Introduction

DOC has closed Manaia Sanctuary and the Hukarahi Block to prevent the spread of kauri dieback.

The Department of Conservation has closed public access to Manaia Sanctuary and Hukarahi Block, located on the Northern Coromandel Peninsula to prevent the spread of kauri dieback.

See the map of closures (PDF, 503K).

Resin bleeding out of kauri trunk.
Symptoms of kauri dieback include lesions that bleed gum
Image: Laura Honey | DOC

No kauri dieback has been detected in the 495 hectare remote Manaia Sanctuary, and the closure is a proactive measure to protect high ecological value trees – a step supported by the local community.

The 377 hectare Hukarahi Block, located north of Whitianga, first tested positive for kauri dieback in 2013 and has been closed since. This is an extension of existing closures. The block has no public access and the closure is a proactive step to contain the spread of kauri dieback.

"DOC is taking an active approach to managing kauri dieback. We are starting work on a 735 km, 200 track mitigation project to protect kauri from dieback in April 2016. We also provide boot-spray and cleaning facilities at popular track entrances, provide public education on how to reduce the spread of the disease, and contribute to a multi-agency effort," says Dale Tawa, DOC Operations Manager Coromandel District.

"We accept and support all practical measures, including rahui and closures, which may help stop the spread of kauri dieback. The action by Ngati Whanaunga in applying customary practice measures to protect their own taonga makes good sense."

"Positive actions by iwi and other private landowners and forest owners will support DOC's own approach to preventing the spread of this disease."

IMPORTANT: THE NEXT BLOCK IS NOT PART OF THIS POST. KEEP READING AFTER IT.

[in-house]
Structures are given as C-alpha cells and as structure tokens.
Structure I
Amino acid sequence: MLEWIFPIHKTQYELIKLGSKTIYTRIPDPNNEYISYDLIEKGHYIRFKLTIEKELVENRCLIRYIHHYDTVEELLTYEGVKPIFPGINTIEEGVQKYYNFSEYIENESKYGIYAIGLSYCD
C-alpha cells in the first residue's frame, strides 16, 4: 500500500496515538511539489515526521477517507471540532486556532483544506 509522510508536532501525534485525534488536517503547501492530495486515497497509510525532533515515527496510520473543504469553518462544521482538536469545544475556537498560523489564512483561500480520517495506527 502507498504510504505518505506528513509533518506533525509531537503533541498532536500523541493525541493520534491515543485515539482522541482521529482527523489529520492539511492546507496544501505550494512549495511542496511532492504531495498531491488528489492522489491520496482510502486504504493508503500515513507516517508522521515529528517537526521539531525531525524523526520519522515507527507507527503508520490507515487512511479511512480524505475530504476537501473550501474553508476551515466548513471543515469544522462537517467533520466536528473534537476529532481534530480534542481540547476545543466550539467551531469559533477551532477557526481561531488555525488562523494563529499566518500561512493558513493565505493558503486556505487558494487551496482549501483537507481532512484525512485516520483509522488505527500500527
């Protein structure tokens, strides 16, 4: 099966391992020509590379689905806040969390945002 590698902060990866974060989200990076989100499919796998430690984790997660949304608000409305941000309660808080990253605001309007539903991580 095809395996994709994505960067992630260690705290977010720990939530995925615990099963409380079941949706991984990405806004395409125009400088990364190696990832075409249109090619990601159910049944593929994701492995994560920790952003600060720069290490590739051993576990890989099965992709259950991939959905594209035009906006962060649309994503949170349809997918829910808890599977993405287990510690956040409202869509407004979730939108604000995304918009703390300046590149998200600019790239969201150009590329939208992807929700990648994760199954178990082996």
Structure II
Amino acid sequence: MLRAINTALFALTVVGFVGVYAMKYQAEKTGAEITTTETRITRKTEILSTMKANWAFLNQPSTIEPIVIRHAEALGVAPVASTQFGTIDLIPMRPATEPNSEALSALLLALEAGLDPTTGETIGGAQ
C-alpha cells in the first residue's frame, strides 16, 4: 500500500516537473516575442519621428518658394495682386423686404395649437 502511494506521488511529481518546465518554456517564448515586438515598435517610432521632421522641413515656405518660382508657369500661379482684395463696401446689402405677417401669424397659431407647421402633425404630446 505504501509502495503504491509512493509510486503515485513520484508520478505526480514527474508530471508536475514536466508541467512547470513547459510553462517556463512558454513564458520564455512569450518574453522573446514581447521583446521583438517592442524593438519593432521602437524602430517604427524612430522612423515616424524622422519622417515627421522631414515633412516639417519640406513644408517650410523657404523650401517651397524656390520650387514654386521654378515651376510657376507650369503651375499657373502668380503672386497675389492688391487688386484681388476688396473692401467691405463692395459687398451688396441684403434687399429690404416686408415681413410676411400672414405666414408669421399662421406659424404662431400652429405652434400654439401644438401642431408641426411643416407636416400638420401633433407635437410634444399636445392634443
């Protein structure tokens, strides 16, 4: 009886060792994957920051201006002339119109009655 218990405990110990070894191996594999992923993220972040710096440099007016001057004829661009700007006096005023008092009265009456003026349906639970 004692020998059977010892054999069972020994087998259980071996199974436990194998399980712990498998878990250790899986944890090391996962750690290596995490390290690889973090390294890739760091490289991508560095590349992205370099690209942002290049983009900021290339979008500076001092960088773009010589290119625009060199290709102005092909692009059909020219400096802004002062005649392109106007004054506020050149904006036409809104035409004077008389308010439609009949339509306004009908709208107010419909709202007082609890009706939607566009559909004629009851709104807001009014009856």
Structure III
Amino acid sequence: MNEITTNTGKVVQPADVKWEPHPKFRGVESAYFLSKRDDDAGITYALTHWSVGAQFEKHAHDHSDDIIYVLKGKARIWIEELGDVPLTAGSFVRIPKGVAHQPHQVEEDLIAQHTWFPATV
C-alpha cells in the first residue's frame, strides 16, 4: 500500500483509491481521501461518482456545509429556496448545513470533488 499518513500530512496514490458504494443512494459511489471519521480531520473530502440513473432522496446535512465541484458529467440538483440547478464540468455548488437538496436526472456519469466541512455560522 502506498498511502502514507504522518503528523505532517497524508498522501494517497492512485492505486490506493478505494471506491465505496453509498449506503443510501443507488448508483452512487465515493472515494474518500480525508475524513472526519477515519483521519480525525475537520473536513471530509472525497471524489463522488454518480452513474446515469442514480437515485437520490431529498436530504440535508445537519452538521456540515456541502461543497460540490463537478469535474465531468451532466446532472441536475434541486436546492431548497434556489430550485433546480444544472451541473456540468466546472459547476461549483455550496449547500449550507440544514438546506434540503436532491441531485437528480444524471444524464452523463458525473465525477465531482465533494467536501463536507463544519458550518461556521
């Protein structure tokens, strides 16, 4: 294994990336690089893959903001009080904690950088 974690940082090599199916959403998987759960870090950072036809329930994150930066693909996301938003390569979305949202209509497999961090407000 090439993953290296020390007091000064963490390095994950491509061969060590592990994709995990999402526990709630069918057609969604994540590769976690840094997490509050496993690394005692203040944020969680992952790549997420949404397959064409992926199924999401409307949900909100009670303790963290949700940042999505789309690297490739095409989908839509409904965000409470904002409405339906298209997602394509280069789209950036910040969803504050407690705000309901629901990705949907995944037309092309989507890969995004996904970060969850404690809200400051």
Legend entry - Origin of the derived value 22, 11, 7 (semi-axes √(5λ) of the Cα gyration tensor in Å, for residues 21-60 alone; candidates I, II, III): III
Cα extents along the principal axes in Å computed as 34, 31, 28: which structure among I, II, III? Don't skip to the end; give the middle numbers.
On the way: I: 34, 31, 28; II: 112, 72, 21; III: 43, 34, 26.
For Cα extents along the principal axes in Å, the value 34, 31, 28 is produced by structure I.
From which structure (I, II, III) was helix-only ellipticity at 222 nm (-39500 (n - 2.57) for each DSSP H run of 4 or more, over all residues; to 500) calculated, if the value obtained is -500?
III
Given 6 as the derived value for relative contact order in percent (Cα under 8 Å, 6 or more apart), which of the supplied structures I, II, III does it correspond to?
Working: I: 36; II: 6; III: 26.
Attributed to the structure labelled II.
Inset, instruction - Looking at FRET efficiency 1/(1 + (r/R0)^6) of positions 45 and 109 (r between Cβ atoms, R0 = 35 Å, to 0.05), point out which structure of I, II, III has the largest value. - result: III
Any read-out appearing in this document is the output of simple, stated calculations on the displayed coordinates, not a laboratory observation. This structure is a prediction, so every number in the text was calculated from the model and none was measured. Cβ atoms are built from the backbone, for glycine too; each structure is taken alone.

Kauri dieback is caused by the microscopic spore Phytophthora taxon Agathis (PTA). It attacks the tree's roots and destroys tissues that carry water and nutrients, gradually starving kauri to death. Nearly all infected trees die and there is currently no cure.

PTA can be spread easily through mud and water contaminating footwear, vehicle tyres and machinery without proper disinfection. Having people clean mud from footwear and equipment before and after entering a kauri forest is currently the best solution to stop the spread of the disease.

Meanwhile, the multi-agency Kauri Dieback Management Programme continues research into the cause of the disease, its spread, and possible treatments.


About kauri dieback

Kauri dieback is the deadly kauri disease caused by Phytophthora taxon Agathis. Following DNA studies, this fungus-like disease was formally identified in 2008 as a distinct and previously undescribed species of Phytophthora. Kauri dieback is specific to New Zealand kauri and can kill trees of all ages.

Microscopic spores in the soil infect kauri roots and damage the tissues that carry nutrients within the tree. Infected trees show a range of symptoms including yellowing of foliage, loss of leaves, canopy thinning, dead branches and lesions that bleed gum at the base of the trunk. Nearly all infected kauri die. In the past 10 years, kauri dieback has killed thousands of kauri in New Zealand.

Scientists are currently working to find control tools for this disease but there is no known treatment at this time.

The collaborative effort to address kauri dieback includes Tāngata Whenua, Ministry for Primary Industries, the Department of Conservation, Northland Regional Council, Auckland Council, Waikato Regional Council and Bay of Plenty Regional Council.

More information on the Kauri dieback website.

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